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  • Today I'm coming here to talk to you about how i became fluent in English.

  • It's a question I get asked a lot of times, and also to share some tips from

  • my personal experience on speaking a foreign language or second language,

  • on how to communicate well and be understood in a foreign language when

  • you're living abroad. If you don't know anything about me, and this is the first

  • video of mine that you're watching,

  • I am originally from Brazil, I was born and raised there and I lived in Brazil

  • for 23 years. Then I moved to the UK and I've been living here for the last

  • nearly six years now.

  • Nowadays, I can say that I sometimes, well most of the time, I feel more confident

  • speaking in English than I do in Portuguese, and I think that's quite an

  • achievement for someone who wasn't brought up in an english-speaking

  • country and learned english as a second language. So I thought this video may be

  • interesting or useful to anyone out there who's learning English now and who

  • is struggling to become fluent or to know what to do to better their English.

  • My english is far from being perfect and I make mistakes all the time, but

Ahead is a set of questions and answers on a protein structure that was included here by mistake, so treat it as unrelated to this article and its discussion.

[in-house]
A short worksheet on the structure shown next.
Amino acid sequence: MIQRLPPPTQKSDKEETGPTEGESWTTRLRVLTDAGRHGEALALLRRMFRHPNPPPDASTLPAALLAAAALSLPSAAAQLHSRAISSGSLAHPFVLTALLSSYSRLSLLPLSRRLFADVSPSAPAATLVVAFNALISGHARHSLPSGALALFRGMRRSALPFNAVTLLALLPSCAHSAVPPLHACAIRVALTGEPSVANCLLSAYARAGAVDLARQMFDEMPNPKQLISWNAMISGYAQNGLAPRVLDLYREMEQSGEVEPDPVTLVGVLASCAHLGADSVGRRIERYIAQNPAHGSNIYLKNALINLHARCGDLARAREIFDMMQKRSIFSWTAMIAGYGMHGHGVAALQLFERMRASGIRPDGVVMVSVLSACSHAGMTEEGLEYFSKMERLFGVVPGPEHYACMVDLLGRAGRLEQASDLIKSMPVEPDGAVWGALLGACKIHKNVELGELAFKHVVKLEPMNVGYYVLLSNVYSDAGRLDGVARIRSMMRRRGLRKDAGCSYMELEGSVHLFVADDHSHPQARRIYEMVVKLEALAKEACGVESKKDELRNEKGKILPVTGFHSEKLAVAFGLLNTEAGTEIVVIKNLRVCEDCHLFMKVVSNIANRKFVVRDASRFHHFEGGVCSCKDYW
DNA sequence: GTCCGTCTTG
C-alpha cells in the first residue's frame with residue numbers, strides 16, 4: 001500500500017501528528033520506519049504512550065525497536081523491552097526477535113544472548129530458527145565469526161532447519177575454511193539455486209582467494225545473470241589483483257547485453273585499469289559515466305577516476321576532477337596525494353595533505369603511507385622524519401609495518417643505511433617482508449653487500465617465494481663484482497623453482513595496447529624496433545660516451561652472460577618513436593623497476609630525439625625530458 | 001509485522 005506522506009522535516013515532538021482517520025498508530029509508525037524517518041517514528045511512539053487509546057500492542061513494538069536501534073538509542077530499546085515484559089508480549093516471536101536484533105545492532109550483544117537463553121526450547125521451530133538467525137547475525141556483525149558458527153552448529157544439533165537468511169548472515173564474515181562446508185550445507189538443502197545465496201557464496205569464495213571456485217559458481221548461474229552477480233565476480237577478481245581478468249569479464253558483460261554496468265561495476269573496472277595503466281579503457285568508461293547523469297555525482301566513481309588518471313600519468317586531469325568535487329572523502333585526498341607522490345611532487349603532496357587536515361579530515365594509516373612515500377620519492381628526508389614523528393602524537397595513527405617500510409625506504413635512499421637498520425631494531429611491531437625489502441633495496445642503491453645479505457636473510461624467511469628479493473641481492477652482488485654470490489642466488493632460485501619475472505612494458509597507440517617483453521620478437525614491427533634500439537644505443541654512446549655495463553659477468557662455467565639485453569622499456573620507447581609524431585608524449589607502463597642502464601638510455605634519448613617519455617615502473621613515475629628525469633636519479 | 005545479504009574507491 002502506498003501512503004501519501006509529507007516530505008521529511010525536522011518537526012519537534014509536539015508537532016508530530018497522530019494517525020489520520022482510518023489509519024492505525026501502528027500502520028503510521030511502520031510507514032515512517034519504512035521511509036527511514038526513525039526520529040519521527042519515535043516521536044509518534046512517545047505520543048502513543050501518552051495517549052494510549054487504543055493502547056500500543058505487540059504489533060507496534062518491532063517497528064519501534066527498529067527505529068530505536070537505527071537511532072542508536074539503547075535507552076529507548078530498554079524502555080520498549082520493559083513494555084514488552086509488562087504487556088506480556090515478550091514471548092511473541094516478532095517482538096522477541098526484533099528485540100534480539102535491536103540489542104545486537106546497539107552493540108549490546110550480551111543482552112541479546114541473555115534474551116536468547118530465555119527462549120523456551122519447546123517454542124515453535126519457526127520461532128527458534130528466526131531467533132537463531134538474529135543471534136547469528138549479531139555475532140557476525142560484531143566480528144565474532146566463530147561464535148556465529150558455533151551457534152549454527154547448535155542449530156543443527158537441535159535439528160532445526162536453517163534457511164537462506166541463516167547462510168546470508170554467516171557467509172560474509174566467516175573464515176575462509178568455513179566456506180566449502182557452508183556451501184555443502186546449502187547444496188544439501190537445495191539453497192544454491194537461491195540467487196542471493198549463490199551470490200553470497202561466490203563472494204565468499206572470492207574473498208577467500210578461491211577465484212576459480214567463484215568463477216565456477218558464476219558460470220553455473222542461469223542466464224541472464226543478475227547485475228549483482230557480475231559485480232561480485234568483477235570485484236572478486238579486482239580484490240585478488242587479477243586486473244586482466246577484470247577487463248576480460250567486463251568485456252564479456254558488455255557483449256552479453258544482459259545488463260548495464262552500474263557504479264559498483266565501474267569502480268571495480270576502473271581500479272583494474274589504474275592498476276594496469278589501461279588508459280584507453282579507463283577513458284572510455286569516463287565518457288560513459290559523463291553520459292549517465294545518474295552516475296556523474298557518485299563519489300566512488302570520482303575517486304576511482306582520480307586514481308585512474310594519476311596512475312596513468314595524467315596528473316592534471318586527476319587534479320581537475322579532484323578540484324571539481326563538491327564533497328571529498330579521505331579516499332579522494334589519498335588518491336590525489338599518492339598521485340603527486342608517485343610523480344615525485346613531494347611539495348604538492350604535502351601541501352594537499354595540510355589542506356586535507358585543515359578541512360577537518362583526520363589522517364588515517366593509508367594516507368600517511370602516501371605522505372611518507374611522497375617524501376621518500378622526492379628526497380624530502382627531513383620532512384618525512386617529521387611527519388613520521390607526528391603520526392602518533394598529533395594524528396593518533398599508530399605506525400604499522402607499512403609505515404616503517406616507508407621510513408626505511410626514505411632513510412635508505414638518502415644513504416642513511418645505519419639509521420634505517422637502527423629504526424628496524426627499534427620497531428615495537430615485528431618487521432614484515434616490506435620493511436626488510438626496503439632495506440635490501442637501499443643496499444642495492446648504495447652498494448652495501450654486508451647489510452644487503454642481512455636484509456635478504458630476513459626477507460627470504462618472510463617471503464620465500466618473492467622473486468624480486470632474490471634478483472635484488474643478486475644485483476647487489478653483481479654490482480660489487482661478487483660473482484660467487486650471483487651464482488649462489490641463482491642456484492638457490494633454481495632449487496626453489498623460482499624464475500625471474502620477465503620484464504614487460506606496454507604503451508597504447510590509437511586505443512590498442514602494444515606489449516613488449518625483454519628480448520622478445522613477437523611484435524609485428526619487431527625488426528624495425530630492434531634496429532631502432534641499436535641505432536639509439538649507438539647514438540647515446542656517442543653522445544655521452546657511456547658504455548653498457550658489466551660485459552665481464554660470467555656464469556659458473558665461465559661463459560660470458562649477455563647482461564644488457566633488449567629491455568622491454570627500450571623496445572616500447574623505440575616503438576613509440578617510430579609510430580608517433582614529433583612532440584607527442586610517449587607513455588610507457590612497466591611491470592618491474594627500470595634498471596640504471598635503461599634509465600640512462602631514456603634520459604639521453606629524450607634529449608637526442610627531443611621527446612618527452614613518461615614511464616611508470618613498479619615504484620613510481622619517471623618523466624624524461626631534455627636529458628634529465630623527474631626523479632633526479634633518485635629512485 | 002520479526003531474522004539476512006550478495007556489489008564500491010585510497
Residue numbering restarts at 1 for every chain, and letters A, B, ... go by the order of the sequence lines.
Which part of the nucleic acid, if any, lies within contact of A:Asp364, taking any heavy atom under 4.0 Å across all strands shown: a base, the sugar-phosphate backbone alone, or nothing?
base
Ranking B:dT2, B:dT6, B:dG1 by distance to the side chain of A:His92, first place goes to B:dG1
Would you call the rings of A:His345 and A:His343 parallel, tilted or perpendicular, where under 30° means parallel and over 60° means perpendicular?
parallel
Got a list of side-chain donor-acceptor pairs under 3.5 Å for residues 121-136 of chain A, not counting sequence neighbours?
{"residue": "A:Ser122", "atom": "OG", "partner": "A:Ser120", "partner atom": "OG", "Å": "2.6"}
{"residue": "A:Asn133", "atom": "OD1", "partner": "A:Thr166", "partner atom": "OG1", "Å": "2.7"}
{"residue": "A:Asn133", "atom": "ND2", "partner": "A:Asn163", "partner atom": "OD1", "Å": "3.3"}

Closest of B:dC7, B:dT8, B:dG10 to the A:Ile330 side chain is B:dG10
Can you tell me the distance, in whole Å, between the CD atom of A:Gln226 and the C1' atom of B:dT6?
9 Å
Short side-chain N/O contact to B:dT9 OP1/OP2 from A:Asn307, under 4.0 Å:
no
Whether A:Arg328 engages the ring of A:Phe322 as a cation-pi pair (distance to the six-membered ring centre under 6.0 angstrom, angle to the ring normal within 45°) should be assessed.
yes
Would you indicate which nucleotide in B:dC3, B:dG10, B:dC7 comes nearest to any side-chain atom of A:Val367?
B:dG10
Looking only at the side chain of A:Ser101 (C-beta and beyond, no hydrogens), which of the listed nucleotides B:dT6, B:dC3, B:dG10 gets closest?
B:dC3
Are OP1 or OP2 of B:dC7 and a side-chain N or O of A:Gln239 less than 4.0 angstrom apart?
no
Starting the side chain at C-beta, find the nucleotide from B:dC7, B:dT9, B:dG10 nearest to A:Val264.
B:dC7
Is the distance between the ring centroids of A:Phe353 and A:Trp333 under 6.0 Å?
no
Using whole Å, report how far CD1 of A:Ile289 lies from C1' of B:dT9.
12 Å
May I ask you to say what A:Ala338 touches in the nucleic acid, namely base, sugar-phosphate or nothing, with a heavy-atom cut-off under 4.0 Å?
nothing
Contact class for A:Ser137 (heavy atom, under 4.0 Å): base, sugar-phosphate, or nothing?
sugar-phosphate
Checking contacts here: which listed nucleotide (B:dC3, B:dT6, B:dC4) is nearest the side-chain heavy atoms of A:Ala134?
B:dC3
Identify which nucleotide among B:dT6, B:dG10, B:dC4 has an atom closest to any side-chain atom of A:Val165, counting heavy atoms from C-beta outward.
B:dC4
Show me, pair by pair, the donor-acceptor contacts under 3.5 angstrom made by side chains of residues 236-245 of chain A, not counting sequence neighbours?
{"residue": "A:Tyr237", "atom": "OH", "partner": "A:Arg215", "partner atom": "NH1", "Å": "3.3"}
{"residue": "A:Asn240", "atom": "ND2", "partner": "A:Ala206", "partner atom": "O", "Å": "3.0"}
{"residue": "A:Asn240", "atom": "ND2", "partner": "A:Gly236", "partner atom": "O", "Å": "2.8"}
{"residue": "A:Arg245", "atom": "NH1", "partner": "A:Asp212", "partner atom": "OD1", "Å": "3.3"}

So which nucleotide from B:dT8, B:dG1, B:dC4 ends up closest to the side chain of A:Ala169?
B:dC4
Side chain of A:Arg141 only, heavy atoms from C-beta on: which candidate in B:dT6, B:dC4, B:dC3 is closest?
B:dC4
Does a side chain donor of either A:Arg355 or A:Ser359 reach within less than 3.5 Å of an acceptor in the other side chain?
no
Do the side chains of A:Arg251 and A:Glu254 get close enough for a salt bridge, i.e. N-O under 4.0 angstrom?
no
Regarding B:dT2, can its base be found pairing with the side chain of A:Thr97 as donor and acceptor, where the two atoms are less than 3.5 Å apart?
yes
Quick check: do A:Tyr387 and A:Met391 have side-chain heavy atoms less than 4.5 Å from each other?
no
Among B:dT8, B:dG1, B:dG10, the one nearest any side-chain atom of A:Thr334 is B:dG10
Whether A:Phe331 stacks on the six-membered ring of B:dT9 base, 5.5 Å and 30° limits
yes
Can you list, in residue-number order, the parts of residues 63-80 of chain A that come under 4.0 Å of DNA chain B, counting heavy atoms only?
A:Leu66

• I consider myself capable enough of holding a conversation, and I do all

  • my YouTube videos in English, which is good practice as well. So I'll just get

  • started with how I started to learn English. When you go to school in Brazil

  • and you get to a certain age,

  • English becomes part of the curriculum and it's one of the mandatory languages

  • to learn, and so I started learning in school. But the curriculum in school is

  • very limited and you really don't learn an awful amount of English in school.

  • So if you want to be able to speak English properly,

  • as a general rule, you have to enroll in a private English school. And that's what

  • most people do in Brazil and most of my friends did and when I was growing up.

  • I was about 13 when I started studying English, or 14. Around about that age, 13 to 14.

  • And I was going twice a week to a private English school.

  • It wasn't something that was forced by my parents. My mum always liked English.

  • She did do private English lessons when she was much younger, so it was something

  • that she was keen for us all to know and to learn from a young age.

  • And we were just generally interested in the English world,

  • in the English-speaking world and the culture. American culture, British culture,

  • which were the two biggest cultures that we were exposed to in Brazil, growing up.

  • We had lessons, and we started with Basic, Beginners and stuff, and carried on

  • progressing to Intermediate, then Advanced and then we got our degrees.

  • What happened to me was that, I very quickly realised I had a passion

  • for languages, and that I actually really enjoyed learning English. And so,

  • very quickly I progressed and developed my English because I was practicing so much

  • and enjoying it so much. I wasn't just learning in the English school,

  • I was going home, and I was watching things in English, and I was listening to music

  • in English and trying to understand the lyrics and translate it. And that kind of

  • helped a lot with my fluency and it helped just to solidify the concepts that